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Why So Special?

December 2, 2009

I do not know why Alice’s Adventures in Wonderland is hailed as such a great story.

If you really analyze the story, it is actually pretty bad. The ending is bad, it just does the tired, old “it was all a dream” thing. Most of the story doesn’t make a whole lot of sense. Most of what the characters talk about random stuff that doesn’t make any sort of contribution to the story. Speaking of the characters, aside from Alice, most of them just are there for a chapter, waste space in the story with random, sensless giberish, then leave and are never seen again in the story.

Maybe I missed something, but do we even find out anything about the characters after they leave? What happened to the mock turtle, the griffon, and numerous others?

There is rarely an explanation of anything. The ending says nothing. There might as well not even be an ending. Carroll could have just stopped typing and wrote “the end” at the end. There is no resolution to speak of. Maybe people love it so much because they ignore the faults because it is a children’s story.

But then why are other stories that are much better then this not famous? What makes Alice’s Adventures in Wonderland so special?

3 Comments leave one →
  1. Amber W. permalink
    December 2, 2009 10:47 pm

    I believe Alice in Wonderland is so well liked due to the story being so different than any other children’s story to date. Carroll takes Alice, throws her into Wonderland and here the reader goes along for the ride. Another thing you have to think about is that Carroll made this story up for a group of girls. He didn’t put a whole lot of thought into intertwining the characters and the scenes together. Now how the eccentric characters and storyline got into his head, I have no idea. Yet, with using these characters and being a great writer by leaving many questions unanswered, others have taken it upon themselves to solve Carroll’s riddles. That is something that someone can do for hours on end and still come to no real conclusion. I think people like the story so much because it is differentiated from other simplistic children’s books and that the analysis can never end with a story such as Alice in Wonderland.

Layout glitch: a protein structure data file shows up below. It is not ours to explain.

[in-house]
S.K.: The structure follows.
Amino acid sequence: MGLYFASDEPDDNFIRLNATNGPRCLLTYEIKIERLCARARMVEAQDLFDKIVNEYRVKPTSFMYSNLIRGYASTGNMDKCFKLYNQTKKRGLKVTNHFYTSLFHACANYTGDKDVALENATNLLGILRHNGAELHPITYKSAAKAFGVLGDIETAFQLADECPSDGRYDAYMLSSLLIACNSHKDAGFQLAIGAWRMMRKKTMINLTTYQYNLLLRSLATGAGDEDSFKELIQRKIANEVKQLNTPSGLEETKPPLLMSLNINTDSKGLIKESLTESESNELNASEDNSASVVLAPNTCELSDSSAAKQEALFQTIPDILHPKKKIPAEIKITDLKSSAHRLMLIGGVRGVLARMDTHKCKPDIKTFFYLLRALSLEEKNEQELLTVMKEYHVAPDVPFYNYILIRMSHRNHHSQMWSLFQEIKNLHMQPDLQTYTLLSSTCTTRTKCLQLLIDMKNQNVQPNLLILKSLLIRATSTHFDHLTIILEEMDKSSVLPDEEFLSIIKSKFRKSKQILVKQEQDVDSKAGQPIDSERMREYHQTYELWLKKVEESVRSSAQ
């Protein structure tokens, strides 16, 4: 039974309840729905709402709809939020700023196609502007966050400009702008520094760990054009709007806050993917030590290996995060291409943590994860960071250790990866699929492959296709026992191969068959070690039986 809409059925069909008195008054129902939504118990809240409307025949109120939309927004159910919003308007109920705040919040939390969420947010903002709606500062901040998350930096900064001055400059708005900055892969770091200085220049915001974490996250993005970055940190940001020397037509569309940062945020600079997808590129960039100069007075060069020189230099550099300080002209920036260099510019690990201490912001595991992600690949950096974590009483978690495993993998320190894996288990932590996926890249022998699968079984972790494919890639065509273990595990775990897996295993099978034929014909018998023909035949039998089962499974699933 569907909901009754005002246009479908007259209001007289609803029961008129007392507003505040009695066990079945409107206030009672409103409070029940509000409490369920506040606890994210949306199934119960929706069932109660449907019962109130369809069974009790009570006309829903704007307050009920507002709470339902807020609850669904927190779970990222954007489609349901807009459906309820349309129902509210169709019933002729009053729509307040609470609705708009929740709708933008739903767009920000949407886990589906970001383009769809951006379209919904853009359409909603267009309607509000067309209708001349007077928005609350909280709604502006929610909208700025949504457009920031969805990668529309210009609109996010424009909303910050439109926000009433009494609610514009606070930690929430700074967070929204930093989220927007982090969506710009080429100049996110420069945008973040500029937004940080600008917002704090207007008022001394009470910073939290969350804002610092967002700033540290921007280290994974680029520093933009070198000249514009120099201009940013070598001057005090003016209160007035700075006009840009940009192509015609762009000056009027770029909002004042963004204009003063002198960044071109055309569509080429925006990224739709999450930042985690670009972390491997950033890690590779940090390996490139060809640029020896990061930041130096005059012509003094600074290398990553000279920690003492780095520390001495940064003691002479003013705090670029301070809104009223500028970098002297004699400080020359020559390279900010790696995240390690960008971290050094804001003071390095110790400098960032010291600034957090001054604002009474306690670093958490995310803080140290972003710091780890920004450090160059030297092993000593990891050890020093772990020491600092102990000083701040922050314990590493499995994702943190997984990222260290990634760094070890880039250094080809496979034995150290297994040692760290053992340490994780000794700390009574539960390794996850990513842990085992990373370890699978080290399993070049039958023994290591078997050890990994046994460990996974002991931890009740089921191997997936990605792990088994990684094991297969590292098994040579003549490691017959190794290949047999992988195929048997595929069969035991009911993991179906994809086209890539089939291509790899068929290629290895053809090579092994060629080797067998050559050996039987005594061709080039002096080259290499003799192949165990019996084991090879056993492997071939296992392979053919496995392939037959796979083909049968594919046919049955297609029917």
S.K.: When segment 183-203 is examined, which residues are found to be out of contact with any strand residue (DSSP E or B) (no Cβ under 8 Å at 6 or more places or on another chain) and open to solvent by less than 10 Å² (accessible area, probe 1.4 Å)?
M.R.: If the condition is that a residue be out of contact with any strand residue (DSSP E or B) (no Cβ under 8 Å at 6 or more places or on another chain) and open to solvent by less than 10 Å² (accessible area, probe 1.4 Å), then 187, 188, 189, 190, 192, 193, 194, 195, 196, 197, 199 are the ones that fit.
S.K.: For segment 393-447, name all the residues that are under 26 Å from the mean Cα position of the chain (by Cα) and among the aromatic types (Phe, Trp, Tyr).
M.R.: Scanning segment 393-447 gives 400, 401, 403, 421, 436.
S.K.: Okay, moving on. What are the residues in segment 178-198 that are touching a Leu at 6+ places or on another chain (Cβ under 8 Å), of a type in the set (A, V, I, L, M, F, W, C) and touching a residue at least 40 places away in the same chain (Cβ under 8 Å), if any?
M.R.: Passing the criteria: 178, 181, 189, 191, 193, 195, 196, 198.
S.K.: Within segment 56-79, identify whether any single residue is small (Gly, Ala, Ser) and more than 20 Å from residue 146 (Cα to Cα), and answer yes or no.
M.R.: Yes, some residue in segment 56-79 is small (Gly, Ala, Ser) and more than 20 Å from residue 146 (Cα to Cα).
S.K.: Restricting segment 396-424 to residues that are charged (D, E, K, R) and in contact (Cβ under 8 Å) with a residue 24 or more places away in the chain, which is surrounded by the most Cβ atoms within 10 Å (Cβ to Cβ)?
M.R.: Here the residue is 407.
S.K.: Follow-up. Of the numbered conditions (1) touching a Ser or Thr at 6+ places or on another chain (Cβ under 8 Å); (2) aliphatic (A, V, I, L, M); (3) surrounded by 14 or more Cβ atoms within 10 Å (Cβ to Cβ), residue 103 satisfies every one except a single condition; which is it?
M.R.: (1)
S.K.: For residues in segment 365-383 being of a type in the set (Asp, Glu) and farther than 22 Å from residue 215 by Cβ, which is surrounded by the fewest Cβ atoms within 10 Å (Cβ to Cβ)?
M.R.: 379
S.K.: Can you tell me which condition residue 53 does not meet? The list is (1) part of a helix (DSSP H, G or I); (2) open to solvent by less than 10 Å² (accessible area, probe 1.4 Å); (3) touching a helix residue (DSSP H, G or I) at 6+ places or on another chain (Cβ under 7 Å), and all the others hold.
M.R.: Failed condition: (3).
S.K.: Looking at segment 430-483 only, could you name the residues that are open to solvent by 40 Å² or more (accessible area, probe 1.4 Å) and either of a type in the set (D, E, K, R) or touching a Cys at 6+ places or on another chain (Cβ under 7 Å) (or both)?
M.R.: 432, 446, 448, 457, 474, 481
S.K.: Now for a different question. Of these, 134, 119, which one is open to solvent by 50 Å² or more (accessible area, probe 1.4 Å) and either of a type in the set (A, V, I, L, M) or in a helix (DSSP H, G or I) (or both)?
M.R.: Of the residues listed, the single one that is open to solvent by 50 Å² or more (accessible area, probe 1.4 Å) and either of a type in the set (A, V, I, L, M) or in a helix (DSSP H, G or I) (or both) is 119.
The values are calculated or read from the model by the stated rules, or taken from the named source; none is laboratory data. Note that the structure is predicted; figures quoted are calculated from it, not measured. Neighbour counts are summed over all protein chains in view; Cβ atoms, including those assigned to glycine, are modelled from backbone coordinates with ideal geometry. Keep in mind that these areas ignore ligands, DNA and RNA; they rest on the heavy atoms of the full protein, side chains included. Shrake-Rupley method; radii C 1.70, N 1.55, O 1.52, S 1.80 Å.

Now I do agree with you that the ending is terrible. I mean, couldn’t Carroll have thought of something a little bit more creative than, “oh it was all just a dream.” I mean seriously? He might as well should have added “and everyone lived happily ever after” too. The dream ending is just too cliche nowadays.

  2. Scott M. permalink
    December 2, 2009 7:35 pm

    This blog made me laugh. (Haha) Did you not like this story or something, Michael?

    But I do have to agree with you on some parts of it. I don’t really get why most of these characters are in the story. The pig-baby didn’t have much of an effect. The mock turtle didn’t really do much. Why was there a cook in the Duchess’s kitchen? Did he really need to be there?

    Much of this story doesn’t make sense. And I think that’s exactly why it’s such a good story. Either because it is entertaining to some people or there just spending there time trying to figure out what it all means. I honestly think it’s more popular with adults and teenagers in school then it is with children… the book anyways. The movie will always be one of the Disney movies kids watch at a young age.

  3. Darcy S. permalink
    December 2, 2009 7:21 pm

    It can’t be denied that you can learn from virtually anything, because… you can. From reading a terrible book, you can learn how to write a terrible book. From dropping an egg on the sidewalk in front of your neighbour’s house, you learn that it’s a terrible pain to clean up after you get caught. A textbook is created to teach, and one can most definitely learn from it. A poem, however, might also be created to teach (or leave some sort of impression) but it may not particularly be factual. Works of art have always brought something to the table which was meant to inspire, change something or release emotion. I think that as students of the twenty first century, we can’t directly understand all the fascination and the effect Alice’s Adventures in Wonderland had on it’s audience. If we were somehow able to comprehend what kind of reaction the story had, then maybe we could be able to know why it’s referred to as a classic. Obviously, it had to make some sort of speculation due to the fact that we students are studying it more than a century after it had been written.

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